New India as ‘Employer Dreamland’

modi adani duo

By Annavajhula J C Bose, PhD

Assume that you belong to the vast and fragmented working class in New India. What is in store for you in light of the new labour relations regime that has been lately established?

“I don’t know nothin”, you might say, perhaps. But if you have read Adam Smith and Karl Marx in a ‘political economy’ undergrad course, you know that the wealth of society is made in work, by the labouring masses. And so how work, workers and working conditions are dealt with in human history and especially under capitalism over the last 250 years, is an endlessly debated topic.

As Pratap (Undated) has pointed out, the power elites say that labour reform in India is moving in the right direction even as the workers perceive it as moving completely in the opposite direction. The central government says the multiplicity of labour laws is done away with by integration.

The critics say that rather than resolving the complexity, more ambiguous complexities are created and the reform is distinctly downgrading the labour law standards in tune with the demands of the employers’ organisations.

The government has stated the reform word by word and sentence by sentence picked up from the suggestions of the employers. Very cleverly, the focus of the reform is on state level changes in laws even as labour laws are clubbed at the central level in such a way as to facilitate only a few ordinances required to amend labour laws at the central level.

The employers’ organisations have been vociferously demanding that the state governments are given the sole authority to change labour laws. Accordingly, the central government has authorised the states to fix and revise wages. All states, as a result, will eventually be compelled to downgrade wages and working conditions in order to compete for investments for their so-called ‘development’.

Now, job security and more comprehensive labour laws apply only to industrial enterprises with 300 or more workers. Actually, there are and there will be very few such industrial units. Even if certain industrial units require this much workforce, they can escape from this category of firms by easily engaging less than 300 workers on their payroll and deploy a large workforce by way of apprentices who are not considered as workers by the law of the land.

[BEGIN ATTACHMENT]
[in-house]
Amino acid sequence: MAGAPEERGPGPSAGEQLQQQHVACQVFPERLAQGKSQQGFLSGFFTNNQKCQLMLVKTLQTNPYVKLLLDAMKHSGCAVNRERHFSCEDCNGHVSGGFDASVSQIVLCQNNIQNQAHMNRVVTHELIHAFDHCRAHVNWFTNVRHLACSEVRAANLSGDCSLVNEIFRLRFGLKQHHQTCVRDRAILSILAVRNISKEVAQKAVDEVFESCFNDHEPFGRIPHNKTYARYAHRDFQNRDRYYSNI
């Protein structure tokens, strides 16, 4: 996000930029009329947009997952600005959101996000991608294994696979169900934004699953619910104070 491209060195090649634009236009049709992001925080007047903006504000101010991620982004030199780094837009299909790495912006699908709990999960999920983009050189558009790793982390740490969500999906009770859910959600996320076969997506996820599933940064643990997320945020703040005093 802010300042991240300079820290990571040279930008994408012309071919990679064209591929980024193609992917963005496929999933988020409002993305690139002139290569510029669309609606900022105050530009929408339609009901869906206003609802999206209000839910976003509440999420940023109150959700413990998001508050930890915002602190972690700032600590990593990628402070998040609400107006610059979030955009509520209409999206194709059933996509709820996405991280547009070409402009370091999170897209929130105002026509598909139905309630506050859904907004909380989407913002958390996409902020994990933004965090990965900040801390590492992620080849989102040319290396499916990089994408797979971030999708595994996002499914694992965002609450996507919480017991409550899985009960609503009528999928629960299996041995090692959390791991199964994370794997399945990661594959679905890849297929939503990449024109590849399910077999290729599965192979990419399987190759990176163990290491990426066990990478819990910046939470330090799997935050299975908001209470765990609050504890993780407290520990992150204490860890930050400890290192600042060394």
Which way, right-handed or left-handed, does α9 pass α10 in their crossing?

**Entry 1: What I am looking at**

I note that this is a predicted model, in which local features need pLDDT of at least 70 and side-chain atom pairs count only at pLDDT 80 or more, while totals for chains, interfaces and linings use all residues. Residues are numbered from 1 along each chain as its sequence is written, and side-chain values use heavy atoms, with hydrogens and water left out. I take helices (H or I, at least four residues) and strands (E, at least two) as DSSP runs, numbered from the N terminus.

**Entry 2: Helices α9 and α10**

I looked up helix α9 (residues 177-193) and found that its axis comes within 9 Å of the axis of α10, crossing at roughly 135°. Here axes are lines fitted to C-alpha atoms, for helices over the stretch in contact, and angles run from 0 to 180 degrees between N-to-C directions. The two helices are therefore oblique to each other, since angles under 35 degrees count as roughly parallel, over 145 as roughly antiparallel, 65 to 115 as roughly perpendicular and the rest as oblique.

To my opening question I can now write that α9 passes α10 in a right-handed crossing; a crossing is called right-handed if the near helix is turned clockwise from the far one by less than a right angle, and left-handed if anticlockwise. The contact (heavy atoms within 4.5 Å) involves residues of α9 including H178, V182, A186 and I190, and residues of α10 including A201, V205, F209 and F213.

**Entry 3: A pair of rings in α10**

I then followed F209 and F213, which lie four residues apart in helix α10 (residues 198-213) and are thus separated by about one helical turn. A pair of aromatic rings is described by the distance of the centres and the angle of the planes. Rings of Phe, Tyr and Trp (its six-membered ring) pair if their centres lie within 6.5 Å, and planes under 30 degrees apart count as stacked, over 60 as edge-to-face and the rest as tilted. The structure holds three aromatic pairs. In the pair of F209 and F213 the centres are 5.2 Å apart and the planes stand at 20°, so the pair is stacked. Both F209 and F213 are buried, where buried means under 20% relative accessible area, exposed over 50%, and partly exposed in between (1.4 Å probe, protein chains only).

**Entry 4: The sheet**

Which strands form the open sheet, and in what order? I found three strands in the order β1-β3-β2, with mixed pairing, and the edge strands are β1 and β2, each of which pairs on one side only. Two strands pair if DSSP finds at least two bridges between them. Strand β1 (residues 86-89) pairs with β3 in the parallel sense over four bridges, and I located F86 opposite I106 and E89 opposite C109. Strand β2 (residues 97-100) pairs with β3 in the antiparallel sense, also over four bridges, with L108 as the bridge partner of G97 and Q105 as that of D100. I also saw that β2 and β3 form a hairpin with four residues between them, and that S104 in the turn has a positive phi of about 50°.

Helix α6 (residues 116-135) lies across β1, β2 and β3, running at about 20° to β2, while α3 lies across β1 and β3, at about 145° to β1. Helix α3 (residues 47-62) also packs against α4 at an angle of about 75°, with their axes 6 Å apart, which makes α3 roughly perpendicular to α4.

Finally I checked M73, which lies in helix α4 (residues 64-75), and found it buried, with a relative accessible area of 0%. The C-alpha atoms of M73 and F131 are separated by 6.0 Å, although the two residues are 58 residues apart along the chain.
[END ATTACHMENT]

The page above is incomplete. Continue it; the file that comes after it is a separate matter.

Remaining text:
Majority of industrial units will manage to remain within the limit of small factories (less than 40 workers) to avoid applicability of 14 labour laws including the Factories Act and the Industrial Disputes Act.

If they require more workforce they can easily use innumerable unreported, invisible workers by hire and fire system without complying to any standing orders. And there is no hassle of taking permission to close down.

No labour law applies to the household industries and so they will grow like anything with their linkages, via subcontracting, to global value chains orchestrated by the multinational corporations. They have the most exploited labour including child labour.

Tiny manufacturing units with 1-10 workers do not have any industrial relations law or even occupational health and safety law applying to them. The contract labour system will come to an end without abolition as in the new system, there is scope for employers to engage less than 100 workers and do easy hire and fire by engaging a large number of apprentices.

Wages are projected to be high without there being any increase by simply adding employers’ PF and ESI contributions to wages; the resultant effect will actually reduce the take home wages of workers. Easy hire and fire in industrial units with less than 300 workers will increase the vulnerability of workers drastically and unionization of workforce will be highly difficult to achieve.

Workers are totally disempowered to exercise the rights to association and collective bargaining.

Right to strike is bludgeoned. By requirement of 14 days prior notice and then instituting conciliation proceedings, practically all the industries are deemed to be public utility services. Workers in small factories will have no right to strike. Various states are passionately curtailing the right to strike.

For example, the state of Andhra Pradesh, where the badass Kia has situated itself, has already declared the automobile industry as a public utility service. This will put an end to the wave of strikes that were witnessed since 2005 mainly on the issues of right to association and collective bargaining and the issue of ending the rampant contract labour system in the automobile sector.